Foreign media groups stymied by Indian regulations

Wednesday 09th December 2015 06:01 EST

New Delhi: Rupert Murdoch's Star India and other global media groups' plans to capitalise on the opening of India's broadcasting sector to foreign investors are being foiled by regulatory barriers. India had said last month that foreign companies could and own 100 per cent of cable and direct-to-home satellite operators, up from 72 per cent previously, potentially bringing substantial new funds into the country's $7 billion television sector.

The move was made to attract investment from major global media groups like Time Warner, Comcast or Liberty Global. Murdoch's Star India, already holds a 20 per cent stake in Tata Sky, a satellite joint venture with India's Tata group. However, separate regulations designed to limit cross-media ownership are in effect stopping diversified media companies. Chief executive of Star India, Uday Shankar said, “The government say they want to open it all up, but because of these other rules no big players can come and do anything, not us or any of the other American companies.”

India’s regulations stop diversified media groups owning more than 20 per cent of satellite businesses. These limit Star’s ability to take a higher stake in its Tata venture. They could also restrict a company such as Time Warner, which owns Turner International India, a TV programme distribution arm. The rules could also affect US-based cable groups Comcast and Liberty Global, both of whom analysts say have examined entering the Indian market. “We would be very open to being the majority shareholder [in Tata Sky],” Shankar said. “These regulations and limitations are basically booby traps which stop anyone doing what the government says it wants to happen, which is getting more investment into the sector.” Concern over these regulatory restrictions comes amid rising foreign interest in India’s television sector, which is expected to be worth Rs 975bn by 2020, up from Rs 475bn last year, according to KPMG.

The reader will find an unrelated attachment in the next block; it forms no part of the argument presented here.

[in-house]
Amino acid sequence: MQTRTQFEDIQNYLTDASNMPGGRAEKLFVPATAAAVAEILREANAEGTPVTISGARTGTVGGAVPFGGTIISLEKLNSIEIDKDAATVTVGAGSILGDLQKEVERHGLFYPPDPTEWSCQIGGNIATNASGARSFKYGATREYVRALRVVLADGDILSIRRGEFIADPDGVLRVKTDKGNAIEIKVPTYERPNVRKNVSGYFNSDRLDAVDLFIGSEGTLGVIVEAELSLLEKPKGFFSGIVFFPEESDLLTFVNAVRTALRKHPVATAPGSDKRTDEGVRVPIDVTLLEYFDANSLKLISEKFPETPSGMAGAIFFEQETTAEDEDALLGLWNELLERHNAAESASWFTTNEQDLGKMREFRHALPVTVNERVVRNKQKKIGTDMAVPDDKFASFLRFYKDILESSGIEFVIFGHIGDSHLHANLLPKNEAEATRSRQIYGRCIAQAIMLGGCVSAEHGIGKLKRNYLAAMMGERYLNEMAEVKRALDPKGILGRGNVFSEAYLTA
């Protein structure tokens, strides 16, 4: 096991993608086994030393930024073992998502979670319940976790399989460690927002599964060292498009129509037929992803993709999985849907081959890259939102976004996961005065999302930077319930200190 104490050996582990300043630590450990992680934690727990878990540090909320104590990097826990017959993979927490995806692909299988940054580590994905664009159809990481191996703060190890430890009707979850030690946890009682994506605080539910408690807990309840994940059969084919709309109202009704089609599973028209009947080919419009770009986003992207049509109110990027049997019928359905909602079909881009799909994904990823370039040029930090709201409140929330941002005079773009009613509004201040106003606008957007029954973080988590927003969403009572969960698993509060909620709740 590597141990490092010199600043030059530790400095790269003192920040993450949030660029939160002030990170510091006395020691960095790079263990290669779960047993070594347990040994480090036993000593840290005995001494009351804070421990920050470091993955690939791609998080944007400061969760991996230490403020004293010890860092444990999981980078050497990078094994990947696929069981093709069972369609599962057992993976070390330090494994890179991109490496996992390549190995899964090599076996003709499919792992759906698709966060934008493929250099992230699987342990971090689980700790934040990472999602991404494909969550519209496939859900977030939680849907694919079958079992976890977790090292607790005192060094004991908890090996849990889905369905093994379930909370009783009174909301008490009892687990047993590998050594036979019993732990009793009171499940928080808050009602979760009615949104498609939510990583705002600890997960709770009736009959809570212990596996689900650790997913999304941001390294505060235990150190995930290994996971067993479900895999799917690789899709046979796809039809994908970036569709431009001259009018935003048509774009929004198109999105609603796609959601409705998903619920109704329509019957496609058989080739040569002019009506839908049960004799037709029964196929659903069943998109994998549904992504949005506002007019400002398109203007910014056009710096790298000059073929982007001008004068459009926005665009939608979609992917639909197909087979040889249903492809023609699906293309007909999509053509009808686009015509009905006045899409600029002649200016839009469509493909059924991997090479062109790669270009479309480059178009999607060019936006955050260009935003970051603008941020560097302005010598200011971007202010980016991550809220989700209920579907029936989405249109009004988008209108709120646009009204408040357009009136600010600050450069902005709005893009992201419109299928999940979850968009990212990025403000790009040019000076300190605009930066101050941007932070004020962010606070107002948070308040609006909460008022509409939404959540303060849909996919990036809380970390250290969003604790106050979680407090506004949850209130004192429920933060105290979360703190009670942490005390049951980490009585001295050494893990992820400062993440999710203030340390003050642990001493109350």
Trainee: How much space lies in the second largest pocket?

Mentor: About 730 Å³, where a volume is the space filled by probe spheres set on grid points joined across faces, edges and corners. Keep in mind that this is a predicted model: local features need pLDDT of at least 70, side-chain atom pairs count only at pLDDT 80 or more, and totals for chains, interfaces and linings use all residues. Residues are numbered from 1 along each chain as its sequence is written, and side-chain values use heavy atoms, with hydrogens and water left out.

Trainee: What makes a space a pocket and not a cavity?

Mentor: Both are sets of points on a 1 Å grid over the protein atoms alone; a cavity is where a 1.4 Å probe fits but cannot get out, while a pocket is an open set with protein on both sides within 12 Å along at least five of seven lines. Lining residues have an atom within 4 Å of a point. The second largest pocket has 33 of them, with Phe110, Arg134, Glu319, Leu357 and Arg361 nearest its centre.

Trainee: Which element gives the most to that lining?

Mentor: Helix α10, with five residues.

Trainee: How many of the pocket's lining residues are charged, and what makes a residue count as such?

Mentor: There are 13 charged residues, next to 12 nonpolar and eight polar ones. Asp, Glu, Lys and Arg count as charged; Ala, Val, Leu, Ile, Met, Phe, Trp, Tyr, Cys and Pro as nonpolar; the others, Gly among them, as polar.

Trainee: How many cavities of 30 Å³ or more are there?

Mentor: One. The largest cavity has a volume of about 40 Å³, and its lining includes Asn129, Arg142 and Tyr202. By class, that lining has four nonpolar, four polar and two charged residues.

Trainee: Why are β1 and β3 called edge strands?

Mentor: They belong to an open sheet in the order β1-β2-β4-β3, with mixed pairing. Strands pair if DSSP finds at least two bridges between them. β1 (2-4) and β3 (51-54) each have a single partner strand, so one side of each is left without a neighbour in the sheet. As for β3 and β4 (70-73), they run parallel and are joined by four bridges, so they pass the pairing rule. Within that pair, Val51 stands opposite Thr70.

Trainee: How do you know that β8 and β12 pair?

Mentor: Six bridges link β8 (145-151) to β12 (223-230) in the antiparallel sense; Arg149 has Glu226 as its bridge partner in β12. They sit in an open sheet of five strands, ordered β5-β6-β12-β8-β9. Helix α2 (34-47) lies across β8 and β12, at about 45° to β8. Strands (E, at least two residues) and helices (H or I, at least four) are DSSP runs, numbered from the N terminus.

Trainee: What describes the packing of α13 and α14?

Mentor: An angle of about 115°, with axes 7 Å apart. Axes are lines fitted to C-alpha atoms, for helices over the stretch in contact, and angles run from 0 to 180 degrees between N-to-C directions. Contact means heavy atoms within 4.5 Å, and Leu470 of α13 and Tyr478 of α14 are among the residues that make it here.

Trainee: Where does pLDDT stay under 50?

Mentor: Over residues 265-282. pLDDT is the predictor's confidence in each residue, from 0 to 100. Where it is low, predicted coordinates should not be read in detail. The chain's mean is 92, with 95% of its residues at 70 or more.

According to research group BARC, India is already one of the world's largest broadcasting markets measured by viewers, with 154 million TV homes and a total audience of 675 million. However, the cable and satellite sectors are fragmented. In satellite, Tata Sky competes against local groups like Dish TV, backed by media conglomerate Zee, and Airtel Digital TV, backed by telecoms group Bharti Airtel. “This market will consolidate, and badly needs investment,” says Vivek Couto, founder of Media Partners Asia, a Hong Kong-based consultancy. “These big global players like Comcast and Liberty would like to do more in India, but this issue of regulatory barriers is a major problem.”

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